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Unity3D: JavaScript vs. C# – Part 1

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This is the first post of a series that will discuss some differences between JavaScript and C# when programming for Unity3D game engine. A project with all the scripts used in these posts will be available for download in the last post of the series. So let’s start from the start and see some of the main differences between the two languages.

The first and most easily distinguishable is the notation used to declare variables and methods. When programming in JavaScript, it isn’t necessary to declare the variable or method type whether in C#, it’s a must. That is because JavaScript is a weakly typed language, meaning that the interpreter chooses the best type to use at compilation-time. C# is a totally different because it is strongly typed, so, the type has to be declared before a variable or method. Let’s see some examples to better grasp this concept. The following script is a JavaScript example:

private var cubeTransform;

And in the C#, the same code would be:

private Transform cubeTransform;

This is also valid for methods. Even if a C# method returns nothing, the void type has to be declared as the return type, which can be omitted in JavaScript.

Class inheritance also works differently. For both JavaScript and C#, methods are implicitly final and can’t be overridden, unless the virtual keyword is added to the method declaration (for the two programming languages). The difference is that C# only overrides methods that contain the override keyword. On the other hand, JavaScript tries to override the class methods as soon as it inherits them, no override keyword needed. So, as an example of class inheritance for JavaScript, we will have:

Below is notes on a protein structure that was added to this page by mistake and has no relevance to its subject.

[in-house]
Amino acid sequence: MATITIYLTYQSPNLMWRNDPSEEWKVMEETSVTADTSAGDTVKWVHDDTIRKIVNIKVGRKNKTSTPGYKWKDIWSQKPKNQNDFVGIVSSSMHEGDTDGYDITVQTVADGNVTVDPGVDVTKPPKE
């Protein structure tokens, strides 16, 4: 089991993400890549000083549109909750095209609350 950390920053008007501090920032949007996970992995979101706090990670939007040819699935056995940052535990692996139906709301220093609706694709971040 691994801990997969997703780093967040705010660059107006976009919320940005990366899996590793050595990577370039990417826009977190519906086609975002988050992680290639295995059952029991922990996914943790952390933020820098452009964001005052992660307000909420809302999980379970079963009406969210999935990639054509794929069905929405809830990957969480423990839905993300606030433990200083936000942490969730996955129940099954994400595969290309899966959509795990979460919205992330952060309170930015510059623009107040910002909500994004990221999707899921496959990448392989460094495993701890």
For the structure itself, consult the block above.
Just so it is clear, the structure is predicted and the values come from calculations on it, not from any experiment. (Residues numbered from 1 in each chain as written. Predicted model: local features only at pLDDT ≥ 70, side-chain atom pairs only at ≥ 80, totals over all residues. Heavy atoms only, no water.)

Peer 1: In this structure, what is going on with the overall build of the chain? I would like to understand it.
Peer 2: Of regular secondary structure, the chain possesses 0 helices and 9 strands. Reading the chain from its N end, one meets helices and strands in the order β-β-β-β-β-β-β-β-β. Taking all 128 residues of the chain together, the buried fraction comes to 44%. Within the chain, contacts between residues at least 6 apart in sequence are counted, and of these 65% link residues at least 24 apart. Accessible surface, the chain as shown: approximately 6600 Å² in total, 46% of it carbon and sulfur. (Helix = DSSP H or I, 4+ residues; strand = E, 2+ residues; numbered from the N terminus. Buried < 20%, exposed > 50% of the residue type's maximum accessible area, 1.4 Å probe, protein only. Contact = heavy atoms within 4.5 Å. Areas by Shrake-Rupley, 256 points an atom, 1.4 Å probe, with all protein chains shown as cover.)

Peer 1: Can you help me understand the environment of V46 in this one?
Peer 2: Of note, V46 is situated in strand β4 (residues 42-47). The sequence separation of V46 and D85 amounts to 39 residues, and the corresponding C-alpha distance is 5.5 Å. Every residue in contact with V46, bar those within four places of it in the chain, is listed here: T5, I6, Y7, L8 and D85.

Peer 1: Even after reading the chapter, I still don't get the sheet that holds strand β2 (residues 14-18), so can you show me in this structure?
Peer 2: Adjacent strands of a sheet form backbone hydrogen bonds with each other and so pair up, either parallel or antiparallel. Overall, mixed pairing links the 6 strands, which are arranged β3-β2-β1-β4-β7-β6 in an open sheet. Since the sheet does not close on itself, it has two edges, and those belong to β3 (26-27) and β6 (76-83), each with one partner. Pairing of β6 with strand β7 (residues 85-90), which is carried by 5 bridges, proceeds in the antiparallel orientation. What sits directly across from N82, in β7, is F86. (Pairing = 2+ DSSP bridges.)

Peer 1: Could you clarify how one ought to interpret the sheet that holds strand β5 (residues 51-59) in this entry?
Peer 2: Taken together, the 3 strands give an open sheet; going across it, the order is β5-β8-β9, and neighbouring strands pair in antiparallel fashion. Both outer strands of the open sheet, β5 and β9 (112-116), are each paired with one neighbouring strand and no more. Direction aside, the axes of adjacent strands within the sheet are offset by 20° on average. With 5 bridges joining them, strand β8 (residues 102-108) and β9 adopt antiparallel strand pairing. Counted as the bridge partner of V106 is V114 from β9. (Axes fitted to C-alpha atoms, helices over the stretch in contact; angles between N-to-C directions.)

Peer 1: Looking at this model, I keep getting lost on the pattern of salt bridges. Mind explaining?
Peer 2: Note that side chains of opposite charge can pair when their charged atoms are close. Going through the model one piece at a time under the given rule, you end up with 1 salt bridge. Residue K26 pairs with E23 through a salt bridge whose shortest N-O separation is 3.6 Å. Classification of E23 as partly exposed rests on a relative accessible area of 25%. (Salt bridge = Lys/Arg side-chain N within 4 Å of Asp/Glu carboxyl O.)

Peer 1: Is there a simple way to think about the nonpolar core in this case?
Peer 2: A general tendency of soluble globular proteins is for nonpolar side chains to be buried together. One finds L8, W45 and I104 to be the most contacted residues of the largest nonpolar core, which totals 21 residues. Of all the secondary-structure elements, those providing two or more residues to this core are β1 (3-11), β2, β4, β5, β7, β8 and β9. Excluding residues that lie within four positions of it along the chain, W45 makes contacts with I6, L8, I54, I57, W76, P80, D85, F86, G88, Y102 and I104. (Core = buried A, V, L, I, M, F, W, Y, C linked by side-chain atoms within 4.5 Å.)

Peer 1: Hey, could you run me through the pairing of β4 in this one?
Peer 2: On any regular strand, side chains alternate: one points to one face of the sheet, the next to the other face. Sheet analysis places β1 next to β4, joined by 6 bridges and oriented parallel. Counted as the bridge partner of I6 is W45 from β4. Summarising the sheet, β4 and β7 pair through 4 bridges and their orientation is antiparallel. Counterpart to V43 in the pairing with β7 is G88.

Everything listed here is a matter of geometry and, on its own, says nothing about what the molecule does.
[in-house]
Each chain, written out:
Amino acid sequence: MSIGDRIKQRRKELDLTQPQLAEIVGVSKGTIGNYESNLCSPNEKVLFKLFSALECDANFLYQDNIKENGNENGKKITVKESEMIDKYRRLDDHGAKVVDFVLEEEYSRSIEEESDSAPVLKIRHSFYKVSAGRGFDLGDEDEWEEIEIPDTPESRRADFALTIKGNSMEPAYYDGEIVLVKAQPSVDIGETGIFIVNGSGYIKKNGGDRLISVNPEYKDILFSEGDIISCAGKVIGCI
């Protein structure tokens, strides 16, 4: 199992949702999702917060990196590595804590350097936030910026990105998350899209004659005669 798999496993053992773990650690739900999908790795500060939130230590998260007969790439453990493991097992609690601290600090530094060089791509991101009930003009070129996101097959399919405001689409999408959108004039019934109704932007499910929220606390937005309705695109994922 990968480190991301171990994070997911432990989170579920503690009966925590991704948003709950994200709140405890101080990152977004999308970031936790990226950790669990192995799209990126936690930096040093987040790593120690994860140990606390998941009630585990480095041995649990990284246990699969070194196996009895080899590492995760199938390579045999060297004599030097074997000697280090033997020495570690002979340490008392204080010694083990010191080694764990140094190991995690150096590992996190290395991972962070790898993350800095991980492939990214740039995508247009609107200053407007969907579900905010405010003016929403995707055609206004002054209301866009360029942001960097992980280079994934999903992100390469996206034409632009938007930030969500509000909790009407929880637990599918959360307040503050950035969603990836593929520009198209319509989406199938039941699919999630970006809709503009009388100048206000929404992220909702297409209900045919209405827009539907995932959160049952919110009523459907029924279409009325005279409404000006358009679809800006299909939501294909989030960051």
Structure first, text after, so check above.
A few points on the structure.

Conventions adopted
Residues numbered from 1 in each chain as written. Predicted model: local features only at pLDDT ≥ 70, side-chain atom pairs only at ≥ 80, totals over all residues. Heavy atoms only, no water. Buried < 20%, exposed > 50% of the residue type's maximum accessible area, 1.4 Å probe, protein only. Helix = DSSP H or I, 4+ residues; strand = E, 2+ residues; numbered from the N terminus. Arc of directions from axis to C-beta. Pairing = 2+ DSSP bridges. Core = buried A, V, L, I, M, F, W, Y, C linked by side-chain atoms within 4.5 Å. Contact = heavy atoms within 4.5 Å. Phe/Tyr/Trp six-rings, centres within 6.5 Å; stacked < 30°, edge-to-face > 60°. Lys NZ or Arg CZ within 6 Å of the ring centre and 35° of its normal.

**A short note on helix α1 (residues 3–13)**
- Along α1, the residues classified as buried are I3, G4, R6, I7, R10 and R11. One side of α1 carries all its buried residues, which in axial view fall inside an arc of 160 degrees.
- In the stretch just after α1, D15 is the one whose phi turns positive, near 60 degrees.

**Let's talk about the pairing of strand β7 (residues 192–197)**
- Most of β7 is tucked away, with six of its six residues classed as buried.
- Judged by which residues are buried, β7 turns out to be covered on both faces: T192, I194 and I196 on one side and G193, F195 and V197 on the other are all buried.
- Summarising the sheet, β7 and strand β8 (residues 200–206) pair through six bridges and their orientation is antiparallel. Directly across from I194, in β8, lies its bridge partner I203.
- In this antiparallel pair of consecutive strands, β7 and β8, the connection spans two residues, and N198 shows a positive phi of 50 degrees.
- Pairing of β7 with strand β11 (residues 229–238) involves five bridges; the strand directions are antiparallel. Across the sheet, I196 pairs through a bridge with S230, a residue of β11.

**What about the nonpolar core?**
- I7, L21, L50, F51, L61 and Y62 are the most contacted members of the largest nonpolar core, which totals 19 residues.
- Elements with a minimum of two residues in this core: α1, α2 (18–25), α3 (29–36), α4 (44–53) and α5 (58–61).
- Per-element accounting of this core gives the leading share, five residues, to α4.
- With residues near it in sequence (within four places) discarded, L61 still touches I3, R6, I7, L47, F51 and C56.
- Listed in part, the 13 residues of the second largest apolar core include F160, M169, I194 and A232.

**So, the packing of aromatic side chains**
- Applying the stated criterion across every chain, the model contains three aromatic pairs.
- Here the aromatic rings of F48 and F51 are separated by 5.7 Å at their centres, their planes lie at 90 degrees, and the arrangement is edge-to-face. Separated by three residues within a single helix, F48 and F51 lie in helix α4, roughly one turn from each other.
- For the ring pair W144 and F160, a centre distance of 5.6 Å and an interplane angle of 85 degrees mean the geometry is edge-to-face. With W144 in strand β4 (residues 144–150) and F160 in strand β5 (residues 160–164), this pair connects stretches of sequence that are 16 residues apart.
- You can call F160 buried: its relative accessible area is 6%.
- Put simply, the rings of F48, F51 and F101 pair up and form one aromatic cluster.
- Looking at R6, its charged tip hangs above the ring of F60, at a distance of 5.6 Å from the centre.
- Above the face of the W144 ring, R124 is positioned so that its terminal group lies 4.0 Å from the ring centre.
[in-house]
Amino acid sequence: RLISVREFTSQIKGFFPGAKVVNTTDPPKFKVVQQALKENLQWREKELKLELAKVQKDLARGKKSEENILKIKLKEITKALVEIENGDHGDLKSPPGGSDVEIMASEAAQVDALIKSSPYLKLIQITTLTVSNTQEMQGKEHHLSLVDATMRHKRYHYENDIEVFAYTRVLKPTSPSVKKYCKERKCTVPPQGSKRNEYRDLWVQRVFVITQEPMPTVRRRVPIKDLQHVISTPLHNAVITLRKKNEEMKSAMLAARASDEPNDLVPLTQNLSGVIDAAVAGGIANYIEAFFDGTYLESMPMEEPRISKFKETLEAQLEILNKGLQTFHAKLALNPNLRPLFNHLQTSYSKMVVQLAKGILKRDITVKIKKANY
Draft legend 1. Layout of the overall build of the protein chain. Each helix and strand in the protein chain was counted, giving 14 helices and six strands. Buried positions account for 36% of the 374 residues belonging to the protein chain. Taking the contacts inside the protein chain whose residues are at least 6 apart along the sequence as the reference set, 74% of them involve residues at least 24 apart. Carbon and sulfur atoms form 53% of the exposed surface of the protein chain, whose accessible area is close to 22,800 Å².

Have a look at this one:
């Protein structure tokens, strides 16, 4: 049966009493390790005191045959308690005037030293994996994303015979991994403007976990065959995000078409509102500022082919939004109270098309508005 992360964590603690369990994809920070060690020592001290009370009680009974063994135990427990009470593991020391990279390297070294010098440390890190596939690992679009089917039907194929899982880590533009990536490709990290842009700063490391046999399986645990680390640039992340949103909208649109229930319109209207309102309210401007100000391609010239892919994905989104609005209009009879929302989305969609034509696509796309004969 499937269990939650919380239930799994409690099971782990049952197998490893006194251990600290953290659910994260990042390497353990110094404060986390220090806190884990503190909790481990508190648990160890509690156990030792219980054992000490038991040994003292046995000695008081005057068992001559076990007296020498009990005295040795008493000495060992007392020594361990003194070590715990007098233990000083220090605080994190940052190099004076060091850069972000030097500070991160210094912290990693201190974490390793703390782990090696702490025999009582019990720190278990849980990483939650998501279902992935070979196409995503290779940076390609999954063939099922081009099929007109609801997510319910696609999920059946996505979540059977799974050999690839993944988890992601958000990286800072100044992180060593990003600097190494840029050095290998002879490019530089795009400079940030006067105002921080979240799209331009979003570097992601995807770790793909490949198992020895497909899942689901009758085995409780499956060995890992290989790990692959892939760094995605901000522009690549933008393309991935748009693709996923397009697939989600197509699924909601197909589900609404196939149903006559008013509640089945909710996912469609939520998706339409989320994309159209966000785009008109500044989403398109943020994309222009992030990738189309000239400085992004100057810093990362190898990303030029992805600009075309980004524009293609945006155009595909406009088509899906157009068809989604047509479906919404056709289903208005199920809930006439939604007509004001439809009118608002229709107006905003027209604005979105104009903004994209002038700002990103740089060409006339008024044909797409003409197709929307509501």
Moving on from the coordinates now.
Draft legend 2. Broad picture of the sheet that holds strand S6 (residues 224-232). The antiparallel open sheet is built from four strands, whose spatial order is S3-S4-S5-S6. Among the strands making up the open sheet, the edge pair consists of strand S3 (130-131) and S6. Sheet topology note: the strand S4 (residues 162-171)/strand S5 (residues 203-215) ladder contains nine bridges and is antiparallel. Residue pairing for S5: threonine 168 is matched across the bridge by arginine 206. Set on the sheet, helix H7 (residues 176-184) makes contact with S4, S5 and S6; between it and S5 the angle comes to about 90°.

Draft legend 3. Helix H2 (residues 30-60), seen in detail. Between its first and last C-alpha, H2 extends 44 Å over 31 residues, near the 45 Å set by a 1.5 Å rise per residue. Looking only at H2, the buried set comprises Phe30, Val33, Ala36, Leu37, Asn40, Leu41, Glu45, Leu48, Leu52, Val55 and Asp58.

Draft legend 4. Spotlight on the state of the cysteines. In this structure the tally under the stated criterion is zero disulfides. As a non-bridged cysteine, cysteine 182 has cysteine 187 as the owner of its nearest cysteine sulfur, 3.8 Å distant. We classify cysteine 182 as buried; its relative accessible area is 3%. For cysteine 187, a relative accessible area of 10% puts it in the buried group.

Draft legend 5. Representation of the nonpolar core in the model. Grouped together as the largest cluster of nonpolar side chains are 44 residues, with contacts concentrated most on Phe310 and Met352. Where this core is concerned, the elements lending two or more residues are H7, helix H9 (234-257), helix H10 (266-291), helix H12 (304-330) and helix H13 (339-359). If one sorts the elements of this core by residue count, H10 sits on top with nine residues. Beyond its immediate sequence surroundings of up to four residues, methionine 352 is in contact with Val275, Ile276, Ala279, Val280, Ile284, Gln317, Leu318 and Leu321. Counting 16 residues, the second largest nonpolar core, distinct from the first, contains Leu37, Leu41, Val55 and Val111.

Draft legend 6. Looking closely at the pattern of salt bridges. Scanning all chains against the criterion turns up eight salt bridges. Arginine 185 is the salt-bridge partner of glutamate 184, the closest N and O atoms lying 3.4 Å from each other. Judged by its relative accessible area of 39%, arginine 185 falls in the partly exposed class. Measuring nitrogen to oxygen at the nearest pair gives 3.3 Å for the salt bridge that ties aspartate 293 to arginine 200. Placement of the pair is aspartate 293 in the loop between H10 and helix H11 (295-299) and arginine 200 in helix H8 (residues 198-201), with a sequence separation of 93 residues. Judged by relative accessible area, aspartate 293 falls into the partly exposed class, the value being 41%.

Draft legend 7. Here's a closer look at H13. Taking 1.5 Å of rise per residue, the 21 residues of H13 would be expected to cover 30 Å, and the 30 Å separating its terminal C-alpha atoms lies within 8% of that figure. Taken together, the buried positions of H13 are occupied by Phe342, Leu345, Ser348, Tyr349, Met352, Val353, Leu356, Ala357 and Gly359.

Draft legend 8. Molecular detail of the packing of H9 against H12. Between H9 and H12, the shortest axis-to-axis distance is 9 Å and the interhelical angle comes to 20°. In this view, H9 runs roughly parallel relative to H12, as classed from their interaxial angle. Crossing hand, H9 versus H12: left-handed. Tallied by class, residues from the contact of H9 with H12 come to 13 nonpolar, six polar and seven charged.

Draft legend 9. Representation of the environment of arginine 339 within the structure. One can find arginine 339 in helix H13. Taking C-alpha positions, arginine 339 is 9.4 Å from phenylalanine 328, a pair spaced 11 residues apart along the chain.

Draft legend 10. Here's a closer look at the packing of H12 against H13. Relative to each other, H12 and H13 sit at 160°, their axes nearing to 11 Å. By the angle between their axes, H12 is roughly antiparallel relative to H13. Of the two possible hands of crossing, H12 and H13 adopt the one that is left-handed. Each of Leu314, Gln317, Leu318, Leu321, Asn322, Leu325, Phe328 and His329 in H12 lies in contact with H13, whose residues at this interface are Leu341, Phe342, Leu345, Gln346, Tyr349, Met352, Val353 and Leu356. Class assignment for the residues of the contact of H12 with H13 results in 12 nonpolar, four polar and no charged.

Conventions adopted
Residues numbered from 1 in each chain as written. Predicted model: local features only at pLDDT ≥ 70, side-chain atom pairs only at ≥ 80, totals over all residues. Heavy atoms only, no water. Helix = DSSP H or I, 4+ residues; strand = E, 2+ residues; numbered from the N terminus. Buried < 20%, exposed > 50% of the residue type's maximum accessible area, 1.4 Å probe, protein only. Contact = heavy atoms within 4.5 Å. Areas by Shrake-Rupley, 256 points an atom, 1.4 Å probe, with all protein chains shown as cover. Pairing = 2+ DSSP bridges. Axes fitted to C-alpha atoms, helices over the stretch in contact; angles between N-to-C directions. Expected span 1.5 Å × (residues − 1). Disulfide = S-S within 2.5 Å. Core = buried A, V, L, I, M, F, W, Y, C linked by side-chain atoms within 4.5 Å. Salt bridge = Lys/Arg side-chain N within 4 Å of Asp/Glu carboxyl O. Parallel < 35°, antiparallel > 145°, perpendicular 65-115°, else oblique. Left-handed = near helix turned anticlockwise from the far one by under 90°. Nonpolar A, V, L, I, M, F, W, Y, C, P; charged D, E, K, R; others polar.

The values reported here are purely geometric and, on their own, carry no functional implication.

class Weapon extends Item
     //Class members and declarations

The same code written in C# will be:

public class Weapon : Item
     //Class members and declarations

That’s the main differences between the two languages and it will practically define all others, such as yielding code execution, accessing GameObjects and components, raycasting, etc. There are other differences such as the keyword used to import libraries (“import” for JavaScript and “using” for C#) but these declaration and keyword differences are easily figured out.

So, if the reader understood these differences, all the other ones that will be explained on the next posts will make more sense.

One final last thing: even if you don’t have to declare the type of the variables and methods in JavaScript it is recommended that you do. This is due the fact that the compiler tries to figure out the type of variable to use, if it hasn’t been declared, which may lead to performance issues. e.g.:

//do this:
private var score:int;
//instead of this:
private var score;

This wouldn’t be a issue if we were talking about code that runs every minute, but let’s not forget that games today runs practically at 60 fps, and Unity3D games are no exception. This way, add variable types whenever you can when programming JavaScript for Unity3D.

In the next post, differences between C# and JavaScript will be shown when programming a script that access other GameObjects and Components. You can read it here: Part 2 – GameObjects and Components.

4 Comments to “Unity3D: JavaScript vs. C# – Part 1”

  1. GFX47 says:

    Very interesting and useful posts!
    I relay the series on my blog if you don’t mind.

  2. Samoel Bianeck says:

    Very good these tutorials, congratulations to the author!

  3. ALex says:

    Have been looking for someone to simply write this information out for ages, good job!

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